The waterdispersible cationic resins can be put into a form suitable for waterdispersion by providing formation of cationic groups in the presence of an acid. Also the acid amide group can be derived from an amide having a hydroxy and/or ketimine substituent. The waterdispersible cationic resins can have organic molecules comprising groups derived from at least one organic secondary amine such as diethylamine and/or methylethanolamine and/or diethanolamine. The weight ratio of the polyalkylene and/or halopolyalkylene and/or polycycloalkylene derived groups to polyphenol groups linked to glycidyl groups to acid amide groups to secondary amine can be about 1000 to (1000-3000) to (250-3000) to (25-500).

The waterdispersible cationic resins of the present invention can further comprise groups derived from a partially and/or fully masked polyisocyanate. The weight ratio of polyalkylene and/or polyhaloalkylene and/or polycycloalkylene derived groups to polyphenol groups linked to glycidyl groups to acid amide groups to groups derived from organic seondary amines to groups derived from partially and/or fully masked polyisocyanate is about 1000 to (1000-3000) to (250-3000) to (25-500) to (20-3000).

When the waterdispersible resins do not contain groups derived from organic secondary amines the weight ratio of polyalkylene and/or halopolyalkylene and/or polycycloalkylene derived groups to polyphenol derived groups linked to glycidyl groups to acid amide derived groups to groups derived from partially and/or fully masked polyisocyanate can be about 1000 to (1000-3000) to (500-3000) to (20-3000). The partially and/or fully masked polyisocyanate can be 4,4'-diisocyanato-diphenylmethane or toluenediisocyanate reacted with a member of the group consisting of ethyleneglycolmonomethylester, ethyleneglycolmonoethylester, butanol, 2-ethylhexanol-1, 2-hydroxyethylmethacrylate, 2-hydroxypropylmethacrylate and mixtures thereof.

The waterdispersible cationic resins can have as polyalkylene and/or polyhaloalkylene and/or polycycloalkylene derived groups polybutadiene-1,2, polybutadiene-1,4, polybutadiene-(1,2;1,4) derivatives and mixtures thereof. Preferably the polyphenol derived groups are derived from bisphenol A. Preferably, the higher fatty acid can be ricinenic fatty acid and the acid amide groups can be essentially derived from compounds having the structural formula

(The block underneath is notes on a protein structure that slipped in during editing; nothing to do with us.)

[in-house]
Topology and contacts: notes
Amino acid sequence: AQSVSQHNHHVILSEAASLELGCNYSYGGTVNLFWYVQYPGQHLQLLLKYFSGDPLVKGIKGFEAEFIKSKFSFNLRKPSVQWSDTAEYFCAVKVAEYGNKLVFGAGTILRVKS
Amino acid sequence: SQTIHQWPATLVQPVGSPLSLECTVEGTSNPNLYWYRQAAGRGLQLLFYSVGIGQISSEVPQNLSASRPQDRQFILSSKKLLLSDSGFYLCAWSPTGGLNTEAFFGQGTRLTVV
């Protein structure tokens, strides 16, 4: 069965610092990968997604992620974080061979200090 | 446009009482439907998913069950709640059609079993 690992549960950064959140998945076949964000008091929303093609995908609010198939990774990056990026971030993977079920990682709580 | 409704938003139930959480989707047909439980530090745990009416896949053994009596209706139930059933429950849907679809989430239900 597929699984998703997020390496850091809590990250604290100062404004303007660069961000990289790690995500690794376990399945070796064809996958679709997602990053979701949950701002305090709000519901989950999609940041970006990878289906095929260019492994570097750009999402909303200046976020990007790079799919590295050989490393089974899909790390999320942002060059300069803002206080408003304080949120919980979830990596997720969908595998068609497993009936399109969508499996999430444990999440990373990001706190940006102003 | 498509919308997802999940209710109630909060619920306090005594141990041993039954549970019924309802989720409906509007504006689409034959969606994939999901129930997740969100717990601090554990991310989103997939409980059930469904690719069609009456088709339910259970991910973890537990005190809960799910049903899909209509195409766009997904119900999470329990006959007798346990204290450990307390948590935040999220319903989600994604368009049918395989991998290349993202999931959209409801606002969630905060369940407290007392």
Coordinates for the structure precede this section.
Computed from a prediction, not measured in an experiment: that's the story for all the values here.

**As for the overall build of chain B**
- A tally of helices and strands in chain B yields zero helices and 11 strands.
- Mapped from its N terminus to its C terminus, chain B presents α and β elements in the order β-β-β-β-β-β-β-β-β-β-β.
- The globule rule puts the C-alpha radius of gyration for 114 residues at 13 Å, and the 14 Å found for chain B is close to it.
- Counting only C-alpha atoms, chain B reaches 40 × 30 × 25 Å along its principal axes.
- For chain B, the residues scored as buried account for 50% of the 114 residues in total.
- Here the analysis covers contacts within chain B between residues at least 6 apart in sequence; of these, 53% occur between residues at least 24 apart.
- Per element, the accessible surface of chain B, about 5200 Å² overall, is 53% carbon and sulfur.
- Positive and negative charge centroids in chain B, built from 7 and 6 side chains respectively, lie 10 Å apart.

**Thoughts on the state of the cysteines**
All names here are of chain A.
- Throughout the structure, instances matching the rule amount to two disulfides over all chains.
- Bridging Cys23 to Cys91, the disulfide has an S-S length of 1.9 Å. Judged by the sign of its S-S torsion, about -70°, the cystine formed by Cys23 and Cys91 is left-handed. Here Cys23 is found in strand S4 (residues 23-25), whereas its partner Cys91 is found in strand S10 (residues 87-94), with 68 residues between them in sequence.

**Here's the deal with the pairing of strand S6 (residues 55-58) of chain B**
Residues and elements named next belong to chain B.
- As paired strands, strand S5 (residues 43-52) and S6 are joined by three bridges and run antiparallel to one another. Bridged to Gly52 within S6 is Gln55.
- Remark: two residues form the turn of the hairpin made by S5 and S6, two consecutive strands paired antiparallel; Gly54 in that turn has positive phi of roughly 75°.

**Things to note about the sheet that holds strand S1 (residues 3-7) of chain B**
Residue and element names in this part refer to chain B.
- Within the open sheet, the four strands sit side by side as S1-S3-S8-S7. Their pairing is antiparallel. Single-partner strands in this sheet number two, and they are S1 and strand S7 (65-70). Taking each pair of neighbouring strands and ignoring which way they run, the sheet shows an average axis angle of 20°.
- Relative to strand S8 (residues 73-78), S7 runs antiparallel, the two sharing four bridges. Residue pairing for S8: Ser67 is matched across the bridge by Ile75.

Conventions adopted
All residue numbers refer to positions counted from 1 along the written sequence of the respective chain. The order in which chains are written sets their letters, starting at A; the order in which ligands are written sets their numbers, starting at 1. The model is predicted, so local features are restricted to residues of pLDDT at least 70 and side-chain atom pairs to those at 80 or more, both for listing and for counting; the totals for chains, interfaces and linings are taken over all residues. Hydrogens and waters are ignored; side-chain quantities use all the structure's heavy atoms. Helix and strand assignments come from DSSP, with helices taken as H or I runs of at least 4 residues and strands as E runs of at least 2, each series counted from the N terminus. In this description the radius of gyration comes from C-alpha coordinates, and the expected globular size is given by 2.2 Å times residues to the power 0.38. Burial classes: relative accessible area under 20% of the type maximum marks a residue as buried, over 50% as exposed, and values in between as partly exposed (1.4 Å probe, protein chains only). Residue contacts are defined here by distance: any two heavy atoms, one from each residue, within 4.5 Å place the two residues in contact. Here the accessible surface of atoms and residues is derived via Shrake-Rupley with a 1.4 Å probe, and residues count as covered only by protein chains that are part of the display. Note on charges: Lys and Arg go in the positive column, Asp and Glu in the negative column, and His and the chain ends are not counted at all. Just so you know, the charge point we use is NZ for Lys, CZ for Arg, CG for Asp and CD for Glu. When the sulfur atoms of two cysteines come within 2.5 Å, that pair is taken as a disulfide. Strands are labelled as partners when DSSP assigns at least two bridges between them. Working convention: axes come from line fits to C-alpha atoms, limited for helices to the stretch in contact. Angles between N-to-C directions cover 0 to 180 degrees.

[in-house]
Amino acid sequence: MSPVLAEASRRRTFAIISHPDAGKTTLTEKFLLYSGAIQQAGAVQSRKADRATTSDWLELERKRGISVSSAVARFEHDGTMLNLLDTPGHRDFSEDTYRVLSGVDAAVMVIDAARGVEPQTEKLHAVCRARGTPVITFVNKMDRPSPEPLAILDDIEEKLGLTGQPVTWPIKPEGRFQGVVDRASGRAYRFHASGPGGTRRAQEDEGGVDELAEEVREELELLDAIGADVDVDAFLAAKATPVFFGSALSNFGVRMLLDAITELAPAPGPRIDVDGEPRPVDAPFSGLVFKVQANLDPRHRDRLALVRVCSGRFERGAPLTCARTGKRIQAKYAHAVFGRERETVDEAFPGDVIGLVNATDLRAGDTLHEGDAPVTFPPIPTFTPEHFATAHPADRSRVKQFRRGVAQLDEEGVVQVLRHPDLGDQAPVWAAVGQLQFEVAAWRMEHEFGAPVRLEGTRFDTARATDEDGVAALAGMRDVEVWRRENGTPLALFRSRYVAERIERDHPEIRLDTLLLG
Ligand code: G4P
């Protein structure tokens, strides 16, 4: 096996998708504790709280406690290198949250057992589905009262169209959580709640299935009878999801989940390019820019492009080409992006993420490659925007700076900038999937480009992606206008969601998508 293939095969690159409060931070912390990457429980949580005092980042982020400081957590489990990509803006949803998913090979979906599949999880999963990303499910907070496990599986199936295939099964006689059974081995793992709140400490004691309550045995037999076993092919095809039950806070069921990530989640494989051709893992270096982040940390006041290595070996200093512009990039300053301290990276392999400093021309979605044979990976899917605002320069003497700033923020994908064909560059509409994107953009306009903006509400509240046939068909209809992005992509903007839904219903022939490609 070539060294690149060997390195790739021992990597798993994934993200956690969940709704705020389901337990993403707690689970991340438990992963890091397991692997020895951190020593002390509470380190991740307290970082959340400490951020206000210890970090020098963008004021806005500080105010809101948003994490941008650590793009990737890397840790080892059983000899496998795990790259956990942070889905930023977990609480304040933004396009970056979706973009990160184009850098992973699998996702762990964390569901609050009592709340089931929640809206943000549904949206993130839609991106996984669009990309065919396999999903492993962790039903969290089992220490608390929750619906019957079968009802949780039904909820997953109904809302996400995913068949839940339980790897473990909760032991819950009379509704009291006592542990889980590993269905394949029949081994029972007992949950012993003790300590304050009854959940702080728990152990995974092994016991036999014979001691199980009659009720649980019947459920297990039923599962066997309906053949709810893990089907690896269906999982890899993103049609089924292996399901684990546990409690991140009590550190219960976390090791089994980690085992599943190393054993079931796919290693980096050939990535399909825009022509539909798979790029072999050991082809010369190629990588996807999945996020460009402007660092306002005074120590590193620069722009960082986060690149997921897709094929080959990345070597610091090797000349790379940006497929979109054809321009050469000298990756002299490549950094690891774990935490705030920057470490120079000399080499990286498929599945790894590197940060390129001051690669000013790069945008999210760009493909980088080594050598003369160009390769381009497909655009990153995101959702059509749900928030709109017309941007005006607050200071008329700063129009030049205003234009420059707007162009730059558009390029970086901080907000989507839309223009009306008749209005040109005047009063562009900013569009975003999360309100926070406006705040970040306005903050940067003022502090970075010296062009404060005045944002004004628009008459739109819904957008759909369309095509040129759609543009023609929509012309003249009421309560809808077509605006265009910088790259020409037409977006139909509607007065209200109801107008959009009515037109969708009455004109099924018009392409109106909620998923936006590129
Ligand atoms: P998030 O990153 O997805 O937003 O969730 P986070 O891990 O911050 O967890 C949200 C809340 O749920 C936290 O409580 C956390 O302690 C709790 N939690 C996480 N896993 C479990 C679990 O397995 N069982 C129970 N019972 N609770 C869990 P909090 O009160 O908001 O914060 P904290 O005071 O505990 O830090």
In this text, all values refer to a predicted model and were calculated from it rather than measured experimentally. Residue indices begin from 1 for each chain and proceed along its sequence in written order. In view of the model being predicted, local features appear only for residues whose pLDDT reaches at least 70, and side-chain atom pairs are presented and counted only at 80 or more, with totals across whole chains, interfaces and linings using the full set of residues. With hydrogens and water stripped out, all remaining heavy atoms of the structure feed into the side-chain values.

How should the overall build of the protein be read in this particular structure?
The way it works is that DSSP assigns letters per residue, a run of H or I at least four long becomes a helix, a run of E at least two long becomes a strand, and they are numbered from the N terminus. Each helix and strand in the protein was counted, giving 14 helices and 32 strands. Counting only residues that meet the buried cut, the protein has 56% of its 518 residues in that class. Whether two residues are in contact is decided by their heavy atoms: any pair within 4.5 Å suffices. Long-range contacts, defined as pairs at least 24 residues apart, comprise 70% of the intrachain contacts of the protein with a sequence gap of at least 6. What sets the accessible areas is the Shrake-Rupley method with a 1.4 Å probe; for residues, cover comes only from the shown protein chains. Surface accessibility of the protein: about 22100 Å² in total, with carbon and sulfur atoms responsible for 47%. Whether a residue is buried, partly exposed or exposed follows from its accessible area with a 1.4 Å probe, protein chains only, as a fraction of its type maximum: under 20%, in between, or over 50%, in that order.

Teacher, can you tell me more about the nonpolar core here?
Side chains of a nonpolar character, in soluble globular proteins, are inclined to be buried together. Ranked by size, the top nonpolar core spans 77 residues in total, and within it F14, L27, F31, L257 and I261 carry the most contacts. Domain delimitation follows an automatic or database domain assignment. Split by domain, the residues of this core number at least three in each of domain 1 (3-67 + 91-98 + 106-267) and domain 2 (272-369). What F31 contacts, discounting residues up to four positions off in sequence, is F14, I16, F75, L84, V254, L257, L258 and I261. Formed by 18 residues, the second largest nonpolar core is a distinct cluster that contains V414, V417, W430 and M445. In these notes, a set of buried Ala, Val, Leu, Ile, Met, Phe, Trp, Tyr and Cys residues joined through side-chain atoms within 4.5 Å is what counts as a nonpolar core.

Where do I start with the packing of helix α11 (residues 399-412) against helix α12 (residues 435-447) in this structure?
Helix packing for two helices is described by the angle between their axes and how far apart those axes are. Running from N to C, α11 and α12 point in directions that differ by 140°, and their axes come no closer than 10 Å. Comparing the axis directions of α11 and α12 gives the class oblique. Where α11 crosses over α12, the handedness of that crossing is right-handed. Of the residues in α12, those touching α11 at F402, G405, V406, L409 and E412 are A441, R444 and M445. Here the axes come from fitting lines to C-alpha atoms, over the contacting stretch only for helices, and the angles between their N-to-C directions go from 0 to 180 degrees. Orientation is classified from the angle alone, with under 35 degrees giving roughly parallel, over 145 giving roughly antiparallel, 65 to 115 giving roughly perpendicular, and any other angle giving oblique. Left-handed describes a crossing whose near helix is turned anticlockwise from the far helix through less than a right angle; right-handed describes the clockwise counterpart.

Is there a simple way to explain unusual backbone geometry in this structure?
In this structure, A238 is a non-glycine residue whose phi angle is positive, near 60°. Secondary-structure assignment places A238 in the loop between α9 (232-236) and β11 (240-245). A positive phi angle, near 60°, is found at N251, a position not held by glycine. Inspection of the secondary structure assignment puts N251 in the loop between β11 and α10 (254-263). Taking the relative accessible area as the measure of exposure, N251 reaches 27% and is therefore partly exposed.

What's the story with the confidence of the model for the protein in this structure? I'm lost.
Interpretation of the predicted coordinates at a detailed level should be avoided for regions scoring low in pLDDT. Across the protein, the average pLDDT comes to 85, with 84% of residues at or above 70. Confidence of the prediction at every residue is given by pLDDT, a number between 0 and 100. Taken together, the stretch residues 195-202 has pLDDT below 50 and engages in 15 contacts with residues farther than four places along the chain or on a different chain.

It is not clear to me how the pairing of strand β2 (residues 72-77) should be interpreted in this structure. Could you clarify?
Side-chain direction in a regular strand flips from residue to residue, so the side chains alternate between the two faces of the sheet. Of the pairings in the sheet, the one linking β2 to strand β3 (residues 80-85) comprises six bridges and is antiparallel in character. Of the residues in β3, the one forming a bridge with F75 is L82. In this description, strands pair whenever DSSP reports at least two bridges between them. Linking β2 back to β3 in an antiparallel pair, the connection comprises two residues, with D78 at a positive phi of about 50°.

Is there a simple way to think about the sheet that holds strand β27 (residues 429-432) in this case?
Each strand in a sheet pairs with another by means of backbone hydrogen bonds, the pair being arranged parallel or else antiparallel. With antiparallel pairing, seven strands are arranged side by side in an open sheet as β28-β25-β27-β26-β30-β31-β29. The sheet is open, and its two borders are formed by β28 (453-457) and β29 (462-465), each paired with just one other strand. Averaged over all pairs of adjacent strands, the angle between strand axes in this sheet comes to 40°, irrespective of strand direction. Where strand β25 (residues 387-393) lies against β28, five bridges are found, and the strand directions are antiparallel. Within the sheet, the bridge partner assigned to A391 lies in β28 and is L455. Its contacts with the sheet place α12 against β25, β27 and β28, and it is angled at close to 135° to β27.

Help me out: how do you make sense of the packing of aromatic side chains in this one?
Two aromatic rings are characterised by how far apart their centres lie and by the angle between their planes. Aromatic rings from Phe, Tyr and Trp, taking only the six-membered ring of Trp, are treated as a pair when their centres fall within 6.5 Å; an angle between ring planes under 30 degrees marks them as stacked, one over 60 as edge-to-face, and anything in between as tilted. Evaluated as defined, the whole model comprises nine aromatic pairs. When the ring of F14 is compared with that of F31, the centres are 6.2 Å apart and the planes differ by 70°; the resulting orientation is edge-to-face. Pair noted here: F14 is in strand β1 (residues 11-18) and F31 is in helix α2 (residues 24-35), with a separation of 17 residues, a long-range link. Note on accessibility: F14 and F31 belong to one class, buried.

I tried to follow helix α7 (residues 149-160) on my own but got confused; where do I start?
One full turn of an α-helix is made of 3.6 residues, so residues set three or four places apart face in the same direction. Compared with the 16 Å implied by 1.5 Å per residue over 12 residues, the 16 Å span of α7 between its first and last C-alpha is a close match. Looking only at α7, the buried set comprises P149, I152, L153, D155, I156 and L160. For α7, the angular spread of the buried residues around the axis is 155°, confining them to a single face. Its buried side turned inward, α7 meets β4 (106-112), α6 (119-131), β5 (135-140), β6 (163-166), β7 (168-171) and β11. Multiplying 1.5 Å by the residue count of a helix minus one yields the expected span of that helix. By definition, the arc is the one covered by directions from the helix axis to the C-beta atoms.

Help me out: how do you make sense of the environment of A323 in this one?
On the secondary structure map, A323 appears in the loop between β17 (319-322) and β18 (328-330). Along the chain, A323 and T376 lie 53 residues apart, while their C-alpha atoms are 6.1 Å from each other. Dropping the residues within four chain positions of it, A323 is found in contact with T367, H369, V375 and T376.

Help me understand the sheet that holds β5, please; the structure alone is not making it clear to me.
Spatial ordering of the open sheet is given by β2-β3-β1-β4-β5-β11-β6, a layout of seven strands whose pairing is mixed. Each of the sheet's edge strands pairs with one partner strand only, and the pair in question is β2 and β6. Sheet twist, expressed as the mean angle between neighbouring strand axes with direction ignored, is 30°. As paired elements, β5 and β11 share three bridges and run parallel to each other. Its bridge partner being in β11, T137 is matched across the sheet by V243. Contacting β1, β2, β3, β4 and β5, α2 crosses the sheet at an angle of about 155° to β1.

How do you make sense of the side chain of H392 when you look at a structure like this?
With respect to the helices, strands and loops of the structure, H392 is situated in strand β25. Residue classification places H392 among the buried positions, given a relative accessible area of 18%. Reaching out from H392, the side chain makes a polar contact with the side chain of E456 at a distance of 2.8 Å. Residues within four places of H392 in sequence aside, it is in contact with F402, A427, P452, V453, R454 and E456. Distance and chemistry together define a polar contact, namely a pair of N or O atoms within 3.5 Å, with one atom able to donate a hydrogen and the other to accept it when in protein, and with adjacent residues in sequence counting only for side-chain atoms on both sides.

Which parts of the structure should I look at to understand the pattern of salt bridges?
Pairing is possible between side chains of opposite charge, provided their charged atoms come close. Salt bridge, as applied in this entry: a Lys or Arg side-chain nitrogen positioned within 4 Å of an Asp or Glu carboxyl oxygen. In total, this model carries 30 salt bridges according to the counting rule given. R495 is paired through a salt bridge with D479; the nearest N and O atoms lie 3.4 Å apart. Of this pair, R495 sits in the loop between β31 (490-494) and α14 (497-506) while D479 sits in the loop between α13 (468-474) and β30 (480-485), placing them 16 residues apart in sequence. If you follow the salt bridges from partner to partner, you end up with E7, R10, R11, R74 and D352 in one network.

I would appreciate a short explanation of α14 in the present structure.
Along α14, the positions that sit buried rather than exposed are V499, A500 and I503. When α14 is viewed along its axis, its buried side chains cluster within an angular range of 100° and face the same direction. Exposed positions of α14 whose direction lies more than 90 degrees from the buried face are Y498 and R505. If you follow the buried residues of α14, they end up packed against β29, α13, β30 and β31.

C17 H31 --CO--NH--CH2 --CH2 --NH--CH2 --CH2 --R1 

wherein C17 H31 represents the hydrocarbon group of ricinenic acid substantially containing 9,11- and 9,12-octadecadienic acid and R1 represents --NH--CO--C17 H31, wherein C17 H31 represents the hydrocarbon group of ricinenic acid, or ##STR1## wherein R2 is an alkyl group with from 1 to 2 carbon atoms and wherein R3 is an alkyl group with from 1 to 4 carbon atoms or --OH. More preferably the amide groups are derived substantially from mixtures of compounds of the formula ##STR2## wherein C17 H31 represents the hydrocarbon group of ricinenic acid.

Preferred higher fatty acids are further based on linseed fatty acids and the acid amide groups are derived from compounds having the structural formula

R1 --CO--NH--CH2 --CH2 --NH--CH2 --CH2 --R2 

wherein R1 represents the hydrocarbon group of the acids substantially contained in linseed fatty acids including linolenic acid, linolic acid and oleic acid and wherein R2 represents --NH--CO--R1, wherein R1 represents the hydrocarbon group of the acids substantially contained in linseed fatty acids or ##STR3## wherein R3 is an alkyl group with 1 to 2 carbon atoms and R4 is an alkyl group with from 1 to 4 carbon atoms or --OH. Preferably, the weight ratio of polyalkylene and/or polyhaloalkylene and/or polycycloalkylene derived groups to polyphenol derived groups linked to glycidyl groups to acid amide derived groups is about 1000 to (1000-3000) to (500-3000).

The waterdispersible cationic resins are formed by reacting the components comprising at least

(A) an epoxidized polydiene,

(B) a bisglycidylether of a polyphenol,

(C) an acid amide compound formed from at least one higher substantially multiply unsaturated fatty acid, wherein the reaction product comprises excess epoxide groups and double carbon-carbon bonds. The resins can be rendered waterdispersible with an acid, which forms cationic groups. The acid amide compound can comprise at least in part a ketimine group and/or a hydroxy group.

The reaction components can further comprise (D) an organic secondary amine such as diethylamine and/or methylethanolamine and/or diethanolamine. The weight ratios of the components (A) to (B) to (C) to (D) can be about 1000 to (1000-3000) to (250-3000) to (25-500) and the epoxide content of (A) can be from about 2 to 7 of epoxy equivalents per 1000 g of component (A) and the epoxide content of (B) can be from about 1 to 6 of epoxy equivalents per 1000 g of component (B).

The reacting components can further comprise (E) a partially and/or fully masked polyisocyanate. Then the weight ratio of the components (A) to (B) to (C) to (D) to (E) can be about 1000 to (1000-3000) to (250-3000) to (25-500) to (20-3000) and the epoxide content of (A) can be from about 2 to 7 of epoxy equivalents per 1000 g of component (A) and the epoxide content of (B) can be from about 1 to 6 of epoxy equivalents per 1000 g of component (B). In case no organic secondary amine component is present the weight ratio of the components (A) to (B) to (C) to (E) can be about 1000 to (1000-3000) to (500-3000) to (20-3000) and the epoxide content of (A) can be from about 2 to 7 of epoxy equivalents per 1000 g of component (A) and the epoxide content of (B) can be from about 1 to 6 of epoxy equivalents per 1000 g of component (B).